Updated 

Anonymous campaign mailers strike Nevada candidates again


Gary Fisher made a choice not to respond to anonymous and apparently illegal mailers and phone calls that resurrected his past battling drugs and alcohol.

In the four-way Democratic primary in Assembly District 34, he lost by a mere 22 votes to Meghan Smith. He violated one basic political tenet: Never let an attack go unanswered.

Brendan Summers, executive director of the Assembly Democratic Caucus and adviser to Fisher, did not think the anonymous attacks “made much of a difference in the outcome” although he called then “vile and also clearly illegal under Nevada campaign laws.”

He said a response would have only served to give the mailers and calls credence.”

There were plenty of negative mailers and calls during the primary. It would be news if there weren’t.

Fisher’s situation was worse than usual since the calls and mailers didn’t identify who were behind them. Nevada law states that those who send out mailers without their names attached are engaging in an illegal act.

So no one knows which of his opponents or their supporters were willing to break the law — Smith, Sanje Sedera or Fayyaz Raja. The Republican candidate in the general election is Victoria Seaman.

Smith, who owns a school for dealers, campaigned by writing letters to Democrats. In one she said if people didn’t vote for her, she hoped it was because they didn’t like her, not that they didn’t know her.

Asked if he thought the calls and mailers made a difference in the outcome, Fisher said Wednesday, “The feedback I got was that people were appalled, they found it distasteful.”

The husband of Carole Fisher, president and CEO of the Nathan Adelson Hospice, Fisher said he would hate to think the mailers and robocalls made the difference between him winning or losing the primary. “I kept making a positive campaign. If that’s the reason I lost, that’s unfortunate.”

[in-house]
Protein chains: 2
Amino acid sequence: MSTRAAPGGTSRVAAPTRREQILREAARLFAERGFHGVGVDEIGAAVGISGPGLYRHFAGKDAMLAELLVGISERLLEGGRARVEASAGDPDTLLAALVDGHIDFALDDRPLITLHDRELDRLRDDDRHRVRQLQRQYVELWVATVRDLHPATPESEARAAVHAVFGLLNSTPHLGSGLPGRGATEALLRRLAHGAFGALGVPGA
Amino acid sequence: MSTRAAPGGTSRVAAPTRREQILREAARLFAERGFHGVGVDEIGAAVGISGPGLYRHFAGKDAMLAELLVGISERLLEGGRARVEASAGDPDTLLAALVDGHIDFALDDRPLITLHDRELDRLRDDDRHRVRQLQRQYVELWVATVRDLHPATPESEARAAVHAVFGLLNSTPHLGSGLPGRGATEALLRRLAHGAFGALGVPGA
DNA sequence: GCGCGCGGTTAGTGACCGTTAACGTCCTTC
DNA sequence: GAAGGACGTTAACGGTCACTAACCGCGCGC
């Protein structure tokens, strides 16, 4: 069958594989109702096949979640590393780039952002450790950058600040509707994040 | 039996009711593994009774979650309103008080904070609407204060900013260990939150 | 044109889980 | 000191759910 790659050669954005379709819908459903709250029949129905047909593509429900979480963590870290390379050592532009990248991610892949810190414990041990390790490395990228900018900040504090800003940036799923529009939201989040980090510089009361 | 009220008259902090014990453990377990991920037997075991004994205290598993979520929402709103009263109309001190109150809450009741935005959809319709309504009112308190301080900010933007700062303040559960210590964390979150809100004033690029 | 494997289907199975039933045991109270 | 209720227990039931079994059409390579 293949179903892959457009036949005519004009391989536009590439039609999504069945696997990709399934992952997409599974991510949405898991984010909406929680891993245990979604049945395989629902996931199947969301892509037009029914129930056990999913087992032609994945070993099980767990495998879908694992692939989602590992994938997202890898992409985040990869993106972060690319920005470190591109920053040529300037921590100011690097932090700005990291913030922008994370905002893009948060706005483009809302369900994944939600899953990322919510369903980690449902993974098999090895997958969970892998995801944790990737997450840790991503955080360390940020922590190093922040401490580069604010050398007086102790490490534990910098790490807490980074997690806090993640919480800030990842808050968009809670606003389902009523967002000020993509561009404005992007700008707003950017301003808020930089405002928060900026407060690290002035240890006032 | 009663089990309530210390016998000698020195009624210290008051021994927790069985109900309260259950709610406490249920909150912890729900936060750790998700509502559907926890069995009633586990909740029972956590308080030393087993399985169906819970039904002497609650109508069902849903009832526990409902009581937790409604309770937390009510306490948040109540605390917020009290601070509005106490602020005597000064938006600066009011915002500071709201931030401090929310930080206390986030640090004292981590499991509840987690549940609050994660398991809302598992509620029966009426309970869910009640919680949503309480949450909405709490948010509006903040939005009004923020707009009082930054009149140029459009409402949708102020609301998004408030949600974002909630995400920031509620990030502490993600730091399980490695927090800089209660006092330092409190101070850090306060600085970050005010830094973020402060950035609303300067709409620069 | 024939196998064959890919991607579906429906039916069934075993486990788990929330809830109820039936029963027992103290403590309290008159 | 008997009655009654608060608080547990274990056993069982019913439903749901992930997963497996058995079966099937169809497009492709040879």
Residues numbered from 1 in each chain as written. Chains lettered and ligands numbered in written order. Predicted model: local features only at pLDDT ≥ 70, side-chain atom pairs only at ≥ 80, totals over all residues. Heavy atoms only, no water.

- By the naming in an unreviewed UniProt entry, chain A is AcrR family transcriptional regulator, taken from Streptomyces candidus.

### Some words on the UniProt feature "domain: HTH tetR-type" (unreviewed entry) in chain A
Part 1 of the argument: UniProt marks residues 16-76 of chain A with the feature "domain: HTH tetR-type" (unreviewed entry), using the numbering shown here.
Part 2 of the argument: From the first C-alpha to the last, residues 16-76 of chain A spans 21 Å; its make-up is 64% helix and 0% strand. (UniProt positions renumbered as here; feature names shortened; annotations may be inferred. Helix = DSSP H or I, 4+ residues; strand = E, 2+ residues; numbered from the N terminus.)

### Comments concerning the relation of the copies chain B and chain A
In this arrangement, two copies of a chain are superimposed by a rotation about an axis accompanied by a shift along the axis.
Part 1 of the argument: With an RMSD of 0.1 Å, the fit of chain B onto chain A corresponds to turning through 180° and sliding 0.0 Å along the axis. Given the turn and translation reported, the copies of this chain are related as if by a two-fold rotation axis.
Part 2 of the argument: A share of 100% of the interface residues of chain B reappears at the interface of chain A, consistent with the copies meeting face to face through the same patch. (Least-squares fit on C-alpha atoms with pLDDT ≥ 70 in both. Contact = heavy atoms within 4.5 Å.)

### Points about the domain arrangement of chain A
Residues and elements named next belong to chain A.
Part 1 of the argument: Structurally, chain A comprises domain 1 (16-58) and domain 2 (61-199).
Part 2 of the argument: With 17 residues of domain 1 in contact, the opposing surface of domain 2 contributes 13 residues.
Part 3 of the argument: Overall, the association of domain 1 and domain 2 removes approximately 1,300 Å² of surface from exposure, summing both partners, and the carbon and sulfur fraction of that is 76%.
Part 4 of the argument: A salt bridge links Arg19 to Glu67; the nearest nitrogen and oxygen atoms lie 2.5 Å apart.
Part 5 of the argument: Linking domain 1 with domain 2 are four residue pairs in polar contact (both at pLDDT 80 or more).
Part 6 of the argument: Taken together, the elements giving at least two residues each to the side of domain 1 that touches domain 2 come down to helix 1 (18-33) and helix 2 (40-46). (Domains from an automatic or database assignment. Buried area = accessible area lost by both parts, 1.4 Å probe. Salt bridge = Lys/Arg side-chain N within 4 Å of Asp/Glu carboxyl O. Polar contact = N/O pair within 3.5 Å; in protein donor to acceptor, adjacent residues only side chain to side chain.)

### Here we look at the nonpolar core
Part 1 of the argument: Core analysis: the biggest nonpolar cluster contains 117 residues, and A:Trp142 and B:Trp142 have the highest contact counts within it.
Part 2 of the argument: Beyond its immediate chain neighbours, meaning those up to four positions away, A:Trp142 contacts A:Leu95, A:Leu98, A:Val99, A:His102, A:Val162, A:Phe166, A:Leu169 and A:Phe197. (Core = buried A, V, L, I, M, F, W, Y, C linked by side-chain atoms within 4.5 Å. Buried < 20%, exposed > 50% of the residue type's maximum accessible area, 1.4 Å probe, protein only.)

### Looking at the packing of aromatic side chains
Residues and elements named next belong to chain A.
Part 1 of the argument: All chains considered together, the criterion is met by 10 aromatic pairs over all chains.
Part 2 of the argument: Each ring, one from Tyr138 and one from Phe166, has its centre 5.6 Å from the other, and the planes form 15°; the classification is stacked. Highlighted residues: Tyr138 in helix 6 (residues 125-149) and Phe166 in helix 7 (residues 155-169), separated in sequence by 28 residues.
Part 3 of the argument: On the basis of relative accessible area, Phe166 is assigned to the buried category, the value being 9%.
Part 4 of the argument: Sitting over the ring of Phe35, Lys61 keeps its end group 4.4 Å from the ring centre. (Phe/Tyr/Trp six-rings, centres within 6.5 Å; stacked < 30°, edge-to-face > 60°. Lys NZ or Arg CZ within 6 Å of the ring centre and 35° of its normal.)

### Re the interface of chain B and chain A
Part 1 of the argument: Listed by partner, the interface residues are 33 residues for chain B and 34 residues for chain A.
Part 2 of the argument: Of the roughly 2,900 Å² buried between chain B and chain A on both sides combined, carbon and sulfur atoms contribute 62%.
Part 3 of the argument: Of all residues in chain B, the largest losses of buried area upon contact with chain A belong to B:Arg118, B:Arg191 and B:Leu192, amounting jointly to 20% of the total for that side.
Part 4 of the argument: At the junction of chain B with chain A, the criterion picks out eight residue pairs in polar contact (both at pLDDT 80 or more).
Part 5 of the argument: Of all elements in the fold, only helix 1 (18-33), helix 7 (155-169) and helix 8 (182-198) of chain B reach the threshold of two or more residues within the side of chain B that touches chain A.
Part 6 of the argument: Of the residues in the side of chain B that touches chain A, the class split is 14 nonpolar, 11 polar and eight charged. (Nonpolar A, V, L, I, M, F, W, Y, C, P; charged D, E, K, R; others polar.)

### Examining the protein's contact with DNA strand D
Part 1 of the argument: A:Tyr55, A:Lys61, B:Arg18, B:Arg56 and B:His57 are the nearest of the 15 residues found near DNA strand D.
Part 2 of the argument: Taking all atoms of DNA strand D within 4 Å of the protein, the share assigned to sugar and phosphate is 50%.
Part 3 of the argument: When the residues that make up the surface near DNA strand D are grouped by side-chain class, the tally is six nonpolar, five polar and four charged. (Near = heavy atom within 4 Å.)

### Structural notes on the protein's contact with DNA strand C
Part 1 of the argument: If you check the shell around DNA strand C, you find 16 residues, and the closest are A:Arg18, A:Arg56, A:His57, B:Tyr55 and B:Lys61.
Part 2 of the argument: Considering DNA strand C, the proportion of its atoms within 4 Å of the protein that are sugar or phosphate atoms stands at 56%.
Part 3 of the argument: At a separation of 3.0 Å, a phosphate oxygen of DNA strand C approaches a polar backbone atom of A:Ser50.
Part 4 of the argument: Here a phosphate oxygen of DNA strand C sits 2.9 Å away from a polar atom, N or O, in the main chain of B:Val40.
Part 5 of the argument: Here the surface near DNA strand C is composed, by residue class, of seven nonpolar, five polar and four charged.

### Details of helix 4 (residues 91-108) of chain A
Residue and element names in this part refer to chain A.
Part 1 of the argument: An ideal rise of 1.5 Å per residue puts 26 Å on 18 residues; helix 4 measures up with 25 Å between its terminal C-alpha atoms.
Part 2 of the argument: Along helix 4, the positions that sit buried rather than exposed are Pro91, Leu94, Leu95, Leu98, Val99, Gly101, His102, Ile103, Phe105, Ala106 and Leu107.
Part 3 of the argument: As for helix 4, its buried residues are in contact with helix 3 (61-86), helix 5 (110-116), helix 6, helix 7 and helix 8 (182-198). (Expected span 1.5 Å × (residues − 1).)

Fisher, a psychologist who teaches online courses at the University of Nevada, Reno, didn’t speculate on who might be the source of the mailers.

He previously had written about his addictions and openly said, “I am a recovering individual.”

One of his hopes of getting elected to the Assembly was to represent those like him who have recovery concerns.

He didn’t respond to the mailer because “it draws attention to it.”

While he ignored it, Assembly Speaker Marilyn Kirkpatrick took the unusual step of endorsing him in the primary after the anonymous mailers and calls hit. She praised him in glowing terms, saying he’s just what the Assembly needs.

“He’s spent his life advocating on behalf of others, and making the right decisions, not just the easy ones,” Kirk­patrick said.

Catherine Lu, spokeswoman for Secretary of State Ross Miller, said Nevada law requires that if the fliers expressly advocate against a candidate, they must disclose who paid for them if more than $100 is spent.

The statute lists no specific penalty for failing to disclose but provides that a person is subject to a civil penalty of not more than $5,000 for each violation of an applicable provision of the chapter, plus attorneys’ fees and costs, if applicable.

Regarding robocalls, the law states the disclosure required for “persuasive polling.” The call is supposed to provide the name and telephone number of the person or group for the poll. The law sets forth a civil penalty of not more than $5,000 for each offense.